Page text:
Adding Coffee Grounds to the Garden
Put coffee grounds and filters to work improving your garden’s beauty and productivity.
Recycle these morning discards in your compost pile or worm bin. The worms and microorganisms will break them down into wonderful compost. Or occasionally sprinkle the grounds on the soil surface of your indoor and outdoor container and in-ground gardens.
Avoid adding large amounts at one time. This can temporarily tie up soil nutrients, making them unavailable to the plant. Incorporate larger amounts into the soil, along with shredded leaves in fall or add them to your compost pile. Once they decompose these nutrients will be available for the plants.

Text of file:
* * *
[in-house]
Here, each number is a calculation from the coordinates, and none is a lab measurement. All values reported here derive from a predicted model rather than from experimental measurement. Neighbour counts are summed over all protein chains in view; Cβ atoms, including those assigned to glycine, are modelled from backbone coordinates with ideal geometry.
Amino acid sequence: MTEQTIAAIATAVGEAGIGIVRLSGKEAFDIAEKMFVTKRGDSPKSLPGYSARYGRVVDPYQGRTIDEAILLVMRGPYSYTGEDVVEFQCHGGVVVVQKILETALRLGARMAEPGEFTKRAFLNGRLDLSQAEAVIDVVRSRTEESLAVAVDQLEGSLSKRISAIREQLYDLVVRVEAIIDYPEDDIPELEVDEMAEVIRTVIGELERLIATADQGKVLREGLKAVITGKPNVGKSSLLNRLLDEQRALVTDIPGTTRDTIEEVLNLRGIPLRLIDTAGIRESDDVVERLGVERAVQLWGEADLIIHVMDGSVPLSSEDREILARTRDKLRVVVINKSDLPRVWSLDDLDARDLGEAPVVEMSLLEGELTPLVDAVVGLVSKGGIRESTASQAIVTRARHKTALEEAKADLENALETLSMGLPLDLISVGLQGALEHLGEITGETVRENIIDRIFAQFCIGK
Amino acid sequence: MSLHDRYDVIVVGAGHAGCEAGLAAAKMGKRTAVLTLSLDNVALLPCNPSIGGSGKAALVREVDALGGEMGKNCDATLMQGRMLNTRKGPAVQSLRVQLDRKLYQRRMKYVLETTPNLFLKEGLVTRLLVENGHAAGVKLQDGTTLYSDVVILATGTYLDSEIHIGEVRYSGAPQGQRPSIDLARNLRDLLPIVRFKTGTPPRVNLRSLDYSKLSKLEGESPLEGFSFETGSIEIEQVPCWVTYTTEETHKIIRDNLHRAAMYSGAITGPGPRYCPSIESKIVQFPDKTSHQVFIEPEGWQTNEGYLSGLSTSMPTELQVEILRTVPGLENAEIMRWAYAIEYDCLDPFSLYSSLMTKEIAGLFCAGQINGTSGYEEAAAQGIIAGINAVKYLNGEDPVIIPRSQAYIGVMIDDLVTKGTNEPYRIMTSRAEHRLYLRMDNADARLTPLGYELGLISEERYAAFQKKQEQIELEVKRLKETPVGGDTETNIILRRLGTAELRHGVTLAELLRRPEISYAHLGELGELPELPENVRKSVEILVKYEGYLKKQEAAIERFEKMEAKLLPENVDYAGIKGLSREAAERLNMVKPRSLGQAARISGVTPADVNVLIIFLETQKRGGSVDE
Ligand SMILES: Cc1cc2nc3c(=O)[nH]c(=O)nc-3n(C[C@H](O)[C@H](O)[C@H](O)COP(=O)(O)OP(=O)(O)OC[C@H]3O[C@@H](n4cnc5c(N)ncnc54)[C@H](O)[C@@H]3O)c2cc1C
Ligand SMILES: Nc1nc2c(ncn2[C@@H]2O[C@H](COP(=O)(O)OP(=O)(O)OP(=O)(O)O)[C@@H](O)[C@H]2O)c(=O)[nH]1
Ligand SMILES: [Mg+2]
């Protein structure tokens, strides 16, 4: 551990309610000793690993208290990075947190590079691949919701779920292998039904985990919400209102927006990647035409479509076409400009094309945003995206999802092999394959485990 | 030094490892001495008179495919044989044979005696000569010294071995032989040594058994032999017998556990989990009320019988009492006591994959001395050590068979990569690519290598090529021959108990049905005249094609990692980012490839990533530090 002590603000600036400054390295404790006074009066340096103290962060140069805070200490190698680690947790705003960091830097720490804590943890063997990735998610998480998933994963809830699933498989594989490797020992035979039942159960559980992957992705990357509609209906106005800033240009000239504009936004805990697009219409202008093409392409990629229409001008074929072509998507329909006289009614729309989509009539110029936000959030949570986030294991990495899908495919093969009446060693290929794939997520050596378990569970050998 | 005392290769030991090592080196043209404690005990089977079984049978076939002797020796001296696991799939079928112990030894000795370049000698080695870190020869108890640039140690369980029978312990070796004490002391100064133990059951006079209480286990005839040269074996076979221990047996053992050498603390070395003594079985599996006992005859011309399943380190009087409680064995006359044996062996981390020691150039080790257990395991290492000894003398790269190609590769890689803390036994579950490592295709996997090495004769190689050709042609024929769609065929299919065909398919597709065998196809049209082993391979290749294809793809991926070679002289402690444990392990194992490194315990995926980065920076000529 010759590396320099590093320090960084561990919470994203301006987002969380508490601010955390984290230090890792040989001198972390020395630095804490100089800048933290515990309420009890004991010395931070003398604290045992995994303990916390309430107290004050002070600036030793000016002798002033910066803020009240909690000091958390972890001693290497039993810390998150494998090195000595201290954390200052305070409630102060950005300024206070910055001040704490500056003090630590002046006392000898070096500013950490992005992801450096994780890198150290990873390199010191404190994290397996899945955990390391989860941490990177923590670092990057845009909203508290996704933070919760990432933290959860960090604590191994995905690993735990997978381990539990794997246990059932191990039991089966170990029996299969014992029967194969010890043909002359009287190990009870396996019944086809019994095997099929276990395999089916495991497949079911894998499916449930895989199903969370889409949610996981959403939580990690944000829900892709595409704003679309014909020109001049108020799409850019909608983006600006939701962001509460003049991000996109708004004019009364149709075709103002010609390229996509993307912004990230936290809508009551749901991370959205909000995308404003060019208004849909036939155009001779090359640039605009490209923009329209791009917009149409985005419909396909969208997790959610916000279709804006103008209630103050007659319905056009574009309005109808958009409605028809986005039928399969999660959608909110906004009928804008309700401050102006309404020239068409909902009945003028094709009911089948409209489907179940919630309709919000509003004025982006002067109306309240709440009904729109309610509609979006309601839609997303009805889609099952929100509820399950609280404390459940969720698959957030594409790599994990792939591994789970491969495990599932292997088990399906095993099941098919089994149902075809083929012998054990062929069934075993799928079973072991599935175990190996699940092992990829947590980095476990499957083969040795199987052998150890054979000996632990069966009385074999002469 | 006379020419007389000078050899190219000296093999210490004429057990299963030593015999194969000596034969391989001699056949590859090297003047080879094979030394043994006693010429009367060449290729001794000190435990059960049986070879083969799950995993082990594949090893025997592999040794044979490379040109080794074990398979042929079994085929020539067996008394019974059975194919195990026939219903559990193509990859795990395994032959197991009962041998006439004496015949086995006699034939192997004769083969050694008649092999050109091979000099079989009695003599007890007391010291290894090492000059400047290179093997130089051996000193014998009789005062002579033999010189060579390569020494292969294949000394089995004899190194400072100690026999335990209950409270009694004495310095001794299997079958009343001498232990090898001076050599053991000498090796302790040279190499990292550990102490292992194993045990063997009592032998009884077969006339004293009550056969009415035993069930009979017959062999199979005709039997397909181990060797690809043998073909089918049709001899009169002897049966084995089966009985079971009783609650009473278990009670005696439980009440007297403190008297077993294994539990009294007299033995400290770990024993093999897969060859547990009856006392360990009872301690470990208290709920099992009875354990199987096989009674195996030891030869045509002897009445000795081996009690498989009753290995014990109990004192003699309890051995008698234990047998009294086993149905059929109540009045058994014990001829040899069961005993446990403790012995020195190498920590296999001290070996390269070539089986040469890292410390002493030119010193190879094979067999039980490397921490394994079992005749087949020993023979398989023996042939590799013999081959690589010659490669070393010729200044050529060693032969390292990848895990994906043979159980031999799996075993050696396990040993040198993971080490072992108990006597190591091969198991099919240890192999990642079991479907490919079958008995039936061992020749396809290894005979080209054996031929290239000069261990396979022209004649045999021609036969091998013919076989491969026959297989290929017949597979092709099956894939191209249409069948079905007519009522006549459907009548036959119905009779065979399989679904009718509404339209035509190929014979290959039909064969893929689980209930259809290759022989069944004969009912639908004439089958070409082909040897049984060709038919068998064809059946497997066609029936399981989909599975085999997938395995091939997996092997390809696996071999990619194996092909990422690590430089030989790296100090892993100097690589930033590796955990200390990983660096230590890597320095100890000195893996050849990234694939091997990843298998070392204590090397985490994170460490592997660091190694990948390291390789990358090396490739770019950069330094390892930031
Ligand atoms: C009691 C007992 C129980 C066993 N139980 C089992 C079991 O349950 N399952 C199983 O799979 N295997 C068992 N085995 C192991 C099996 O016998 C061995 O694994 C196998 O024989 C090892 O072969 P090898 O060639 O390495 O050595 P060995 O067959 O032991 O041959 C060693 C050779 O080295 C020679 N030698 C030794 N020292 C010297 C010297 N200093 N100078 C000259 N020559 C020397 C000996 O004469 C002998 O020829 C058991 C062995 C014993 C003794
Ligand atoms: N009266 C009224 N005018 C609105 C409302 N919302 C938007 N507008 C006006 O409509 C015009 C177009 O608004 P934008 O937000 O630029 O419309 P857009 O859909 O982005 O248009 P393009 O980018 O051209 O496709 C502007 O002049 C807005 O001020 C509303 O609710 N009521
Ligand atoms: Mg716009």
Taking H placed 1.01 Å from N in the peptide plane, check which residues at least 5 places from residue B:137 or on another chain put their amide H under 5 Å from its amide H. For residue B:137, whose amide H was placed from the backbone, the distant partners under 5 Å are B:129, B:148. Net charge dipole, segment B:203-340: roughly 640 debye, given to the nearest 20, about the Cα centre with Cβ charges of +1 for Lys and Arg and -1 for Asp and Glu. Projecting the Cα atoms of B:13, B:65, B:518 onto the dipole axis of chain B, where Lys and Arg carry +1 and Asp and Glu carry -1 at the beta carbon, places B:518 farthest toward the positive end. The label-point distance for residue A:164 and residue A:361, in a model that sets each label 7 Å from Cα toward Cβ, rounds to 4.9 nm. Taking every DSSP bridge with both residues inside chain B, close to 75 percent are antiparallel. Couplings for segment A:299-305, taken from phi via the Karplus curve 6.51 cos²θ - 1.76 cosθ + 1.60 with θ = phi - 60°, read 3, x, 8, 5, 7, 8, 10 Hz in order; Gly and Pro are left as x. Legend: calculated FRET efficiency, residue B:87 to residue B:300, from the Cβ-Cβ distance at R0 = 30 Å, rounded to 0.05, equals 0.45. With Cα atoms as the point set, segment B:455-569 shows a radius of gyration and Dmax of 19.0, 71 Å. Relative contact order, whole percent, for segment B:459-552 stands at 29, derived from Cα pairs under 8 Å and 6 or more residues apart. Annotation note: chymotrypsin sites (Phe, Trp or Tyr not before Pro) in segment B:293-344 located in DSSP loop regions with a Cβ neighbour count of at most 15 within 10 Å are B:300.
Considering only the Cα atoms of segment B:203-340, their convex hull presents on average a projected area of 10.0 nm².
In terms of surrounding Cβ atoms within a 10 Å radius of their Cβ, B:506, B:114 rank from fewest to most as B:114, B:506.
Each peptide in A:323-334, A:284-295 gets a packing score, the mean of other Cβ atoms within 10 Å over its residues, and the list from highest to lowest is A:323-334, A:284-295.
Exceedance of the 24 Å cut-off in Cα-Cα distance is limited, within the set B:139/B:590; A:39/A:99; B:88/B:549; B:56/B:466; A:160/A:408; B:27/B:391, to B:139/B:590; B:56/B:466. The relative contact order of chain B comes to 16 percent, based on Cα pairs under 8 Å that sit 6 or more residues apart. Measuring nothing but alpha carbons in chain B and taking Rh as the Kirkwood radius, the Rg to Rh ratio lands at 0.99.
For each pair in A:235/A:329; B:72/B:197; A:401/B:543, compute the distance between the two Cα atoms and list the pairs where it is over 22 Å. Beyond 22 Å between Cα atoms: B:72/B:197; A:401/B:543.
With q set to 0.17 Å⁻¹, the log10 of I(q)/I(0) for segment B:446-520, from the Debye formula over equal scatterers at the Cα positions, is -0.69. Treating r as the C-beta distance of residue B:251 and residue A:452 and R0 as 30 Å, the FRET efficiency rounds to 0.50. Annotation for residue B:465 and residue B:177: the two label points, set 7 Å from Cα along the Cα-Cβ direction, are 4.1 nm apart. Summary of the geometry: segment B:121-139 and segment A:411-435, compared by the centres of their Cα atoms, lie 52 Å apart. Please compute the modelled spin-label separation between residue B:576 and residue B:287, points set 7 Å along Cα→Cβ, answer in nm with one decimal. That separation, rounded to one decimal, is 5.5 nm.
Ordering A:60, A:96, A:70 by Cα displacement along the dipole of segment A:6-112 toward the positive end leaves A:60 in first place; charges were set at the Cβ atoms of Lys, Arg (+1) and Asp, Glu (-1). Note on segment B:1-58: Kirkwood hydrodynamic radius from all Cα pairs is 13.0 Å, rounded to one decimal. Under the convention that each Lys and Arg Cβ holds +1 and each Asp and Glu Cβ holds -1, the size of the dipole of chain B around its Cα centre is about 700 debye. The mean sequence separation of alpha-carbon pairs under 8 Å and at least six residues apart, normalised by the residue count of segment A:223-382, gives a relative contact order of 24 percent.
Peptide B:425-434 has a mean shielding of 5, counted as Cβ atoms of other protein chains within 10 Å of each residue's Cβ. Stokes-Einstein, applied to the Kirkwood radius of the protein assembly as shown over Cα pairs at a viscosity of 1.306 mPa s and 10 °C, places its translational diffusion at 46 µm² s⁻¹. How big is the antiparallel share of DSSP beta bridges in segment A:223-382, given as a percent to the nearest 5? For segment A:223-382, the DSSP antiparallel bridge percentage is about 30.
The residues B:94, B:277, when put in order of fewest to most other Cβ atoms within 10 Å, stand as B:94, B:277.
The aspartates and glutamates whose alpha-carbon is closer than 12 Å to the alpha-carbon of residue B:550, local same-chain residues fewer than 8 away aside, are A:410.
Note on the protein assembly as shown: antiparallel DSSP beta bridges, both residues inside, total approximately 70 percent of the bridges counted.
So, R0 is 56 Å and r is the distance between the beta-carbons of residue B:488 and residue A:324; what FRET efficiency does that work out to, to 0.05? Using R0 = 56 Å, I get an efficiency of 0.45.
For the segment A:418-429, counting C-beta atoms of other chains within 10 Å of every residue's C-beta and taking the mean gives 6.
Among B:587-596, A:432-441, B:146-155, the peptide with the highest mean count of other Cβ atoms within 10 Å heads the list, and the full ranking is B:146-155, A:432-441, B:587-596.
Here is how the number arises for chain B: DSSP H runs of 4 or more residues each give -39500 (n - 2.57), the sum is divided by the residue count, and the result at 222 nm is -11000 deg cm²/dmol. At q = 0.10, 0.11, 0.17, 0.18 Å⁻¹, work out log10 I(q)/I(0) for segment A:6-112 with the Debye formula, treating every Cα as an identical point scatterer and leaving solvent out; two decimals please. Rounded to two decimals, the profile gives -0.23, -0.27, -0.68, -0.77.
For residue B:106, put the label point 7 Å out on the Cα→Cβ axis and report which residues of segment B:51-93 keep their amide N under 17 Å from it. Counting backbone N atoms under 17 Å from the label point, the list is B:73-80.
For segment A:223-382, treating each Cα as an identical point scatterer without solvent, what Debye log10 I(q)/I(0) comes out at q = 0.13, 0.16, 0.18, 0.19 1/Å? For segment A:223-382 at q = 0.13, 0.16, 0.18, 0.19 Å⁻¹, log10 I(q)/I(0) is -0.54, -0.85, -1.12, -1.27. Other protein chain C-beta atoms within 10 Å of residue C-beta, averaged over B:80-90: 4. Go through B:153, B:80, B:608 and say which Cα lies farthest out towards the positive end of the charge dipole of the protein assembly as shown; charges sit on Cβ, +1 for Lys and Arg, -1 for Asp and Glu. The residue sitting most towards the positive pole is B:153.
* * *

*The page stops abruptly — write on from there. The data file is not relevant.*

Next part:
Although coffee grounds are acidic, they have a minimal effect on the soil pH. They do, however, contain allelopathic chemicals that can inhibit growth of certain susceptible plants and prevent some seeds from sprouting. Once the coffee grounds fully decompose this is not a concern.
A bit more information: There is some evidence that decomposing coffee grounds help suppress some diseases in certain plants. Some researchers believe certain substances released during decomposition may be responsible for damaging sensitive plants. When composting, use only 10 to 20% coffee grounds by total volume for optimal benefit. Over 30% can be detrimental to the garden and plants.
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Ebert's Greenhouse Village
Wisconsin State Fair
West Allis, WI
Mequon Nature Preserve